Exterior Decoration
Books about public sculpture in Chicago

Reader  August 12, 1988

Green Streets

Chicago tries to learn to love trees

Reader  January 19, 1990

Daley's Trolley
Why the Loop circulator derailed

Reader  October 18, 1991

How Mass Transit Can Serve the Masses

Chicago thinks new thoughts about running the CTA

Chicago Enterprise  January 1992

Infidels at the Water's Edge

 How—gasp!—development might save Chicago's lakefront

Chicago Enterprise  March 1990

Unbuilt Chicago

The perfect dreamed-of city

Inland Architect  May/June 1993

How Chicago's Gentry Shaped the City

“How culture made itself manifest” in Chicago

Chicago Enterprise  April 1992

Brick By Brick

Lake Michigan mugs the well-off, who complain

“Prejudices” Illinois Times  March 19, 1987

Managing the Glob

City-ness comes unbidden to DuPage County

Chicago Enterprise  January 1989

What Can We Do With Block 37?
Undeveloping Loop real estate: A case study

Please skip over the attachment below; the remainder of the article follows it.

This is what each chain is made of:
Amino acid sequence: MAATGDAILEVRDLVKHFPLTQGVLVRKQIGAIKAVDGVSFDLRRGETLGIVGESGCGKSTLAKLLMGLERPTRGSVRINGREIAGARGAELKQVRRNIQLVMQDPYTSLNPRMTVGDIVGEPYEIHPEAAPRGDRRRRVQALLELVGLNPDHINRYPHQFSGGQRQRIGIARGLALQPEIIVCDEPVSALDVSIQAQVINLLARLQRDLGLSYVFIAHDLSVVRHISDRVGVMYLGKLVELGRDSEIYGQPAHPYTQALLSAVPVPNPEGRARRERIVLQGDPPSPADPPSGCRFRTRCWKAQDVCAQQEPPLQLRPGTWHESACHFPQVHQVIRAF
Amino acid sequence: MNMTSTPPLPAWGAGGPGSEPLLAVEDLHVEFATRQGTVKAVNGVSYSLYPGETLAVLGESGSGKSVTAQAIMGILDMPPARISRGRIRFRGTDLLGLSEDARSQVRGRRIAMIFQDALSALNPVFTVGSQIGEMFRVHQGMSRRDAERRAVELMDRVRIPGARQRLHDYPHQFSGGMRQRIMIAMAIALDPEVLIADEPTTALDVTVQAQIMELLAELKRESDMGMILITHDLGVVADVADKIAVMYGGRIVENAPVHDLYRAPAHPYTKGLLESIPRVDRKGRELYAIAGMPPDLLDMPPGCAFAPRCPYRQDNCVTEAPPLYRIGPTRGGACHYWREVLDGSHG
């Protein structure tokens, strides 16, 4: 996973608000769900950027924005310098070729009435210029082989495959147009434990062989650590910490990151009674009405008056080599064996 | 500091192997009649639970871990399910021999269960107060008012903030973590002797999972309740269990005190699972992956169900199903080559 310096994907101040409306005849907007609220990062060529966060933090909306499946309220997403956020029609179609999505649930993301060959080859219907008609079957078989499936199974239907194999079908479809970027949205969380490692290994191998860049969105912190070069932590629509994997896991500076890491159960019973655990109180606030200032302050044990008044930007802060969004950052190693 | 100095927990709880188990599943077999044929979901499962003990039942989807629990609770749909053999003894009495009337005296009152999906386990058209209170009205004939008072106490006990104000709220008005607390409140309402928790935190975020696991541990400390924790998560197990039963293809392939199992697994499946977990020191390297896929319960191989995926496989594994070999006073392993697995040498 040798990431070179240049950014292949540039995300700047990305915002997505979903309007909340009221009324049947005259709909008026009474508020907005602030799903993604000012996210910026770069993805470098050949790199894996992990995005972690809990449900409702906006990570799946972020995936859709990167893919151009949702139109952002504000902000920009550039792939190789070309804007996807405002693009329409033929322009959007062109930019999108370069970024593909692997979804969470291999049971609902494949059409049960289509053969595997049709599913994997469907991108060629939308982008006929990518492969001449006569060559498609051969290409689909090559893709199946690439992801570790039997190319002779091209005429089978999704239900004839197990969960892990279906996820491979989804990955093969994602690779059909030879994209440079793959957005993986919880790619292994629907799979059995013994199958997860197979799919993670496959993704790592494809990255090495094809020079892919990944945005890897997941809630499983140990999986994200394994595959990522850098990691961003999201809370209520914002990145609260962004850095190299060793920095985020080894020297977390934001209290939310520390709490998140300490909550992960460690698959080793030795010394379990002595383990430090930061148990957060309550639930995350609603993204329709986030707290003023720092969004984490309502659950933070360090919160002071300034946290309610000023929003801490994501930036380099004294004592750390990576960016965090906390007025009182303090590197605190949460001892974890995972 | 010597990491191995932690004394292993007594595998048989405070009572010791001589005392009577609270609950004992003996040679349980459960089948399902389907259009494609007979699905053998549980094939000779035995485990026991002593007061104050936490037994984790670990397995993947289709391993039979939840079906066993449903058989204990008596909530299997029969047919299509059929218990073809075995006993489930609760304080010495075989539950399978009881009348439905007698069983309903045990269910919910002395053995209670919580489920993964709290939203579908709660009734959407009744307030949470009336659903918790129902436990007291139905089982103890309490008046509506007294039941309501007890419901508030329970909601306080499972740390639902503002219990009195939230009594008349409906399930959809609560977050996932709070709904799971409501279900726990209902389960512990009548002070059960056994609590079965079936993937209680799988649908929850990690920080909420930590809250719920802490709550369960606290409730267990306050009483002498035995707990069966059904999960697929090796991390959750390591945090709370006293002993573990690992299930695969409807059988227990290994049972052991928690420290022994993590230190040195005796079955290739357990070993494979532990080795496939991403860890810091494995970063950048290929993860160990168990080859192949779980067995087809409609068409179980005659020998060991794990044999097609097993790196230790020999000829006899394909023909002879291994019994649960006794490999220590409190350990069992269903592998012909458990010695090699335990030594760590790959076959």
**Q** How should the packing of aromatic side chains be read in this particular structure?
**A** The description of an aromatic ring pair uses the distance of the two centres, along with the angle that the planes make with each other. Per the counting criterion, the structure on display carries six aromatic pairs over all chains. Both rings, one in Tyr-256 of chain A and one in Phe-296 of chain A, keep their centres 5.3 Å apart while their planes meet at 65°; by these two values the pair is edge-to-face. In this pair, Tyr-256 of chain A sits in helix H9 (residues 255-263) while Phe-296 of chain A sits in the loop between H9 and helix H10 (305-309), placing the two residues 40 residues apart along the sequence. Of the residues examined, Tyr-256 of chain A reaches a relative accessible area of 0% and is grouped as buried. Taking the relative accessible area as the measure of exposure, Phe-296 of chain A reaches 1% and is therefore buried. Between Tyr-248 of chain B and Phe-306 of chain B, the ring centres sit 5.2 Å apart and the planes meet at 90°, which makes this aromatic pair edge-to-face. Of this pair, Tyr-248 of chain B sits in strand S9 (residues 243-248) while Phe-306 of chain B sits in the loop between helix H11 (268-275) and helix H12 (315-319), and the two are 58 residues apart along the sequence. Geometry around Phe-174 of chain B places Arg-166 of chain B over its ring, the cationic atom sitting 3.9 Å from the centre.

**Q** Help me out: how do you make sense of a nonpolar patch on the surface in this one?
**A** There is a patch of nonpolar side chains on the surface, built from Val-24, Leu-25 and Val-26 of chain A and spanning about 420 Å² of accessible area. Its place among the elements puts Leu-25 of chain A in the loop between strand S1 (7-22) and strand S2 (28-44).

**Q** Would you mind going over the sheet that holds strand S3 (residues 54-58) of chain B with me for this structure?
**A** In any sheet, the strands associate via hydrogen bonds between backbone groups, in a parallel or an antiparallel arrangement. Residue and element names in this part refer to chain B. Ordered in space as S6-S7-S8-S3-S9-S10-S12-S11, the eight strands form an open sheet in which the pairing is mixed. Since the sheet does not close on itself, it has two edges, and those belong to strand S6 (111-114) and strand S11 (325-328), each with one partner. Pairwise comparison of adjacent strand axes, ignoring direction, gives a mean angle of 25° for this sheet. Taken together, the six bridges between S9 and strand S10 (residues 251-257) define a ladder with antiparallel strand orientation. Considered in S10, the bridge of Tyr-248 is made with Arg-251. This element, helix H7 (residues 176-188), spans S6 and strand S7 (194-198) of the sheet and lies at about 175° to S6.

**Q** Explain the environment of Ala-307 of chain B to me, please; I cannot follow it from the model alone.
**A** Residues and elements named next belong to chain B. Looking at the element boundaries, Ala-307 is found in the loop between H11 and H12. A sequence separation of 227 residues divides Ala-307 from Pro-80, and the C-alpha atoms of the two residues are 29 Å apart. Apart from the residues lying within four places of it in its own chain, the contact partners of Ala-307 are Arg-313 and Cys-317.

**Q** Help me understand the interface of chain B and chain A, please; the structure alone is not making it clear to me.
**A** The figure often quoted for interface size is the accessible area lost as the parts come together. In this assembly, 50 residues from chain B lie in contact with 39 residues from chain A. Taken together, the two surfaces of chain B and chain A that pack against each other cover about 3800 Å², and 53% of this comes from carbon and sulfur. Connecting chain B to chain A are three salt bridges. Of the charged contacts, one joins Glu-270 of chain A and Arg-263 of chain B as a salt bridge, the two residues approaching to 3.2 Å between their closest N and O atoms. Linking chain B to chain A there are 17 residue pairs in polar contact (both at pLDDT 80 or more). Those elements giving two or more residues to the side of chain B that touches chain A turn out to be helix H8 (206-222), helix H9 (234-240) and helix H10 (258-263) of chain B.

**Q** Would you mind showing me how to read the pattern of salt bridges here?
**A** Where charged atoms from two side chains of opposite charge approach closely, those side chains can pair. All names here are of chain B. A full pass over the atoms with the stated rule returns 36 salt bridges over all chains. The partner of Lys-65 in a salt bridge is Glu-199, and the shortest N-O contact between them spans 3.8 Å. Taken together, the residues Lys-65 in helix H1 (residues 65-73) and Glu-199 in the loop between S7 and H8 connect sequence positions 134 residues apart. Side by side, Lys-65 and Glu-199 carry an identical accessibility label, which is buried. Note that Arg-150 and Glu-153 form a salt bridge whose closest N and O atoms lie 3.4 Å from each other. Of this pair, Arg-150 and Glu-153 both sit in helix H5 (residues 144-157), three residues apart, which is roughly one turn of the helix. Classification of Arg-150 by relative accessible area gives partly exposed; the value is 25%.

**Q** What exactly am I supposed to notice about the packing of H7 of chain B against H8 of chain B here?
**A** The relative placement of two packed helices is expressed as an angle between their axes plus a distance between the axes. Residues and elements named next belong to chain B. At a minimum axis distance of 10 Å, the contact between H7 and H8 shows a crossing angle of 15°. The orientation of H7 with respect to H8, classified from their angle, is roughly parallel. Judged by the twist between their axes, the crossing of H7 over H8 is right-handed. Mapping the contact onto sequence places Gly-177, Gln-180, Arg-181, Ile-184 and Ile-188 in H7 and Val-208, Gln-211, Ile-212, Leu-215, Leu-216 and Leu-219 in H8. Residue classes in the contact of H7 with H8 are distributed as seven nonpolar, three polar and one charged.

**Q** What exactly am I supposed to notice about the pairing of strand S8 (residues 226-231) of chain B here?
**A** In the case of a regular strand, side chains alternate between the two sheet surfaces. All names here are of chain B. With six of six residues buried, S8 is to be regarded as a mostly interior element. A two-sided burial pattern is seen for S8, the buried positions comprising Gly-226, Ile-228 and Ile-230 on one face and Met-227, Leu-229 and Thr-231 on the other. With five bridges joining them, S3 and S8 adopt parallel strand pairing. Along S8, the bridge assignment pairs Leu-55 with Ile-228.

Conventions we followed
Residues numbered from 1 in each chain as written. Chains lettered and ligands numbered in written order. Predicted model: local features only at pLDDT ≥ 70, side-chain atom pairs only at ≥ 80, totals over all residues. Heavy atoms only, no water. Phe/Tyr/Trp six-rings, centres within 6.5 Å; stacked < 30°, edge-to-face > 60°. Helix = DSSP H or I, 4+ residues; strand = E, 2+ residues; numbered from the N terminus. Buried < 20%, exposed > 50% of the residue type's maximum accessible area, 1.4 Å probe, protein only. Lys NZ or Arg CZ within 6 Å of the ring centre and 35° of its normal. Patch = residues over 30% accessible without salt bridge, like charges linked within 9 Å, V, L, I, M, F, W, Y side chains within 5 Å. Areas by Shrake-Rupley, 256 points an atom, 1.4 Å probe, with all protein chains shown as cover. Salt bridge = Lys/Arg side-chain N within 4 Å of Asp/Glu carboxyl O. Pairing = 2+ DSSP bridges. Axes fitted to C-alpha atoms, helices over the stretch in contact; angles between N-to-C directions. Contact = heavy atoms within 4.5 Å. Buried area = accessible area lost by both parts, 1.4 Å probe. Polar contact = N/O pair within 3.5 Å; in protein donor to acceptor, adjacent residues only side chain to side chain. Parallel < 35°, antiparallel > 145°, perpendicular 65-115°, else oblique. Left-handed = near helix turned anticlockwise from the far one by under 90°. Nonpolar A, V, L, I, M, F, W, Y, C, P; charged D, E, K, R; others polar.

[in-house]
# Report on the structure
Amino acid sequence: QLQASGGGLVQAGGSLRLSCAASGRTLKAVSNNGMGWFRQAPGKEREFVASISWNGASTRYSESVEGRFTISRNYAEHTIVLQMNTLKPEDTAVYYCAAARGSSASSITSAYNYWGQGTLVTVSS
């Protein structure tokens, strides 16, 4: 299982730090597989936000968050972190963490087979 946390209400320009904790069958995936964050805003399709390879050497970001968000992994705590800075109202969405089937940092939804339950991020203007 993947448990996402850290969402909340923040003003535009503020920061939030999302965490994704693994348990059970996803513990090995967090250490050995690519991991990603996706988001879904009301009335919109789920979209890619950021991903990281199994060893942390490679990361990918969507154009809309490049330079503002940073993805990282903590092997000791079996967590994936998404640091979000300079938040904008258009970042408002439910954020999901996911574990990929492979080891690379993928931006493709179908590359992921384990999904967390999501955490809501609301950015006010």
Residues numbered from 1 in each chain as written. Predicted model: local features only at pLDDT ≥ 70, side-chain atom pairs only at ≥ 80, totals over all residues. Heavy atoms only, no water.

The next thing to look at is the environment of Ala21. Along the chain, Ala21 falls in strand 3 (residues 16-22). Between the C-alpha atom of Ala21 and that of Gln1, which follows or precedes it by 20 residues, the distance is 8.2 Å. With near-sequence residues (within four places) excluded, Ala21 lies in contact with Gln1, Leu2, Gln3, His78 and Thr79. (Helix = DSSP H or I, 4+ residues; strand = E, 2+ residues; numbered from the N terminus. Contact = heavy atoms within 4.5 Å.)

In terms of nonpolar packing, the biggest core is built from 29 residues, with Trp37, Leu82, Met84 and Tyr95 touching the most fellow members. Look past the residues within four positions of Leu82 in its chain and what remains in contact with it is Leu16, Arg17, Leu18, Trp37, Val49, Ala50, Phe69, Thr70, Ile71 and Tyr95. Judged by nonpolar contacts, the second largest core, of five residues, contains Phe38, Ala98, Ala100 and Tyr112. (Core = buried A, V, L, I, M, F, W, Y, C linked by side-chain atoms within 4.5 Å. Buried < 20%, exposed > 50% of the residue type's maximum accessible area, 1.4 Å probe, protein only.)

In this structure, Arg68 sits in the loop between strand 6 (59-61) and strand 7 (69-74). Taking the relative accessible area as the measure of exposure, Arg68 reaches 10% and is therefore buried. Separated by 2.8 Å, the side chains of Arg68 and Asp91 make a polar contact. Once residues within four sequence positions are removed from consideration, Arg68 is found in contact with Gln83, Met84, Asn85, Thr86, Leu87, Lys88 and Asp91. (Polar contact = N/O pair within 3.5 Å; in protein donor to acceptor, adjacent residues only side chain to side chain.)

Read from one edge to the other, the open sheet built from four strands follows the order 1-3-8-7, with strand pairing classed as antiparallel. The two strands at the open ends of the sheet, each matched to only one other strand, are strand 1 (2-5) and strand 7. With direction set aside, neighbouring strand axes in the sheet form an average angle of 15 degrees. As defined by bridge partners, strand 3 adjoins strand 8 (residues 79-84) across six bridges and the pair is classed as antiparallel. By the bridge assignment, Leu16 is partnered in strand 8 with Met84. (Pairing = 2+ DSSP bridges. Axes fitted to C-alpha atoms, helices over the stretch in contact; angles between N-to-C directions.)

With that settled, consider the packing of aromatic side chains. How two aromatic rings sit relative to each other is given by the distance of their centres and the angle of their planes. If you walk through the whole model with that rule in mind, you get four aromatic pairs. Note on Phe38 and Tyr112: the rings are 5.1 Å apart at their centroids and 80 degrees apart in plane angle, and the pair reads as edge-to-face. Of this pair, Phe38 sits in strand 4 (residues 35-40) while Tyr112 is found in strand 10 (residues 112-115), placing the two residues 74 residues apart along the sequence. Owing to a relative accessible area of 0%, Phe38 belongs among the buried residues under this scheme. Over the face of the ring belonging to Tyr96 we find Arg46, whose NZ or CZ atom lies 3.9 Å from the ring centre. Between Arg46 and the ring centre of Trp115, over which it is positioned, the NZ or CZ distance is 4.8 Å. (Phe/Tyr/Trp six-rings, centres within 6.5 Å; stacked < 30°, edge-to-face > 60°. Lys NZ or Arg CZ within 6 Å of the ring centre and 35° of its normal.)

Reader  April 19, 1991

Beyond Parochialism in Economic Planning

It's every town for itself in this fight

“Politics & Policy”  Chicago Enterprise  June 1991

The Rise and Fall of Michigan Avenue

Too much of a good thing on Chicago's Miracle Mile

Reader  September 27, 1991

Chicago-style Urbanism

Making urban plans, and history

See Illinois (unpublished) 2003

The Man with the Plan

A lengthy reconsideration of the man and his plan

Reader  June 18, 1993

Utopia in Pullman

A rail magnate's worker paradise in Chicago

Adventure Road  Undated

How the Lakefront Was Won

Why private enterprise fought for public access 

Reader November 8, 1991

The Pleasures of Walking

Getting around in Chicago’s Loop

Chicago Enterprise  October 1989

From Slum to Sprawl

Urbanization, Chicago-style

See Illinois  (unpublished)  2008

Footloose Commuters

Chicago sidewalks as transit system

See Illinois (unpublished)  2007


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John Hallwas

Essential for anyone interested in Illinois history and literature. Hallwas deservedly won the 2018 Lifetime Achievement Award from the Illinois State Historical Society.

Lee Sandlin Author

One of Illinois’s best, and least-known, writers of his generation. Take note in particular of The Distancers and Road to Nowhere.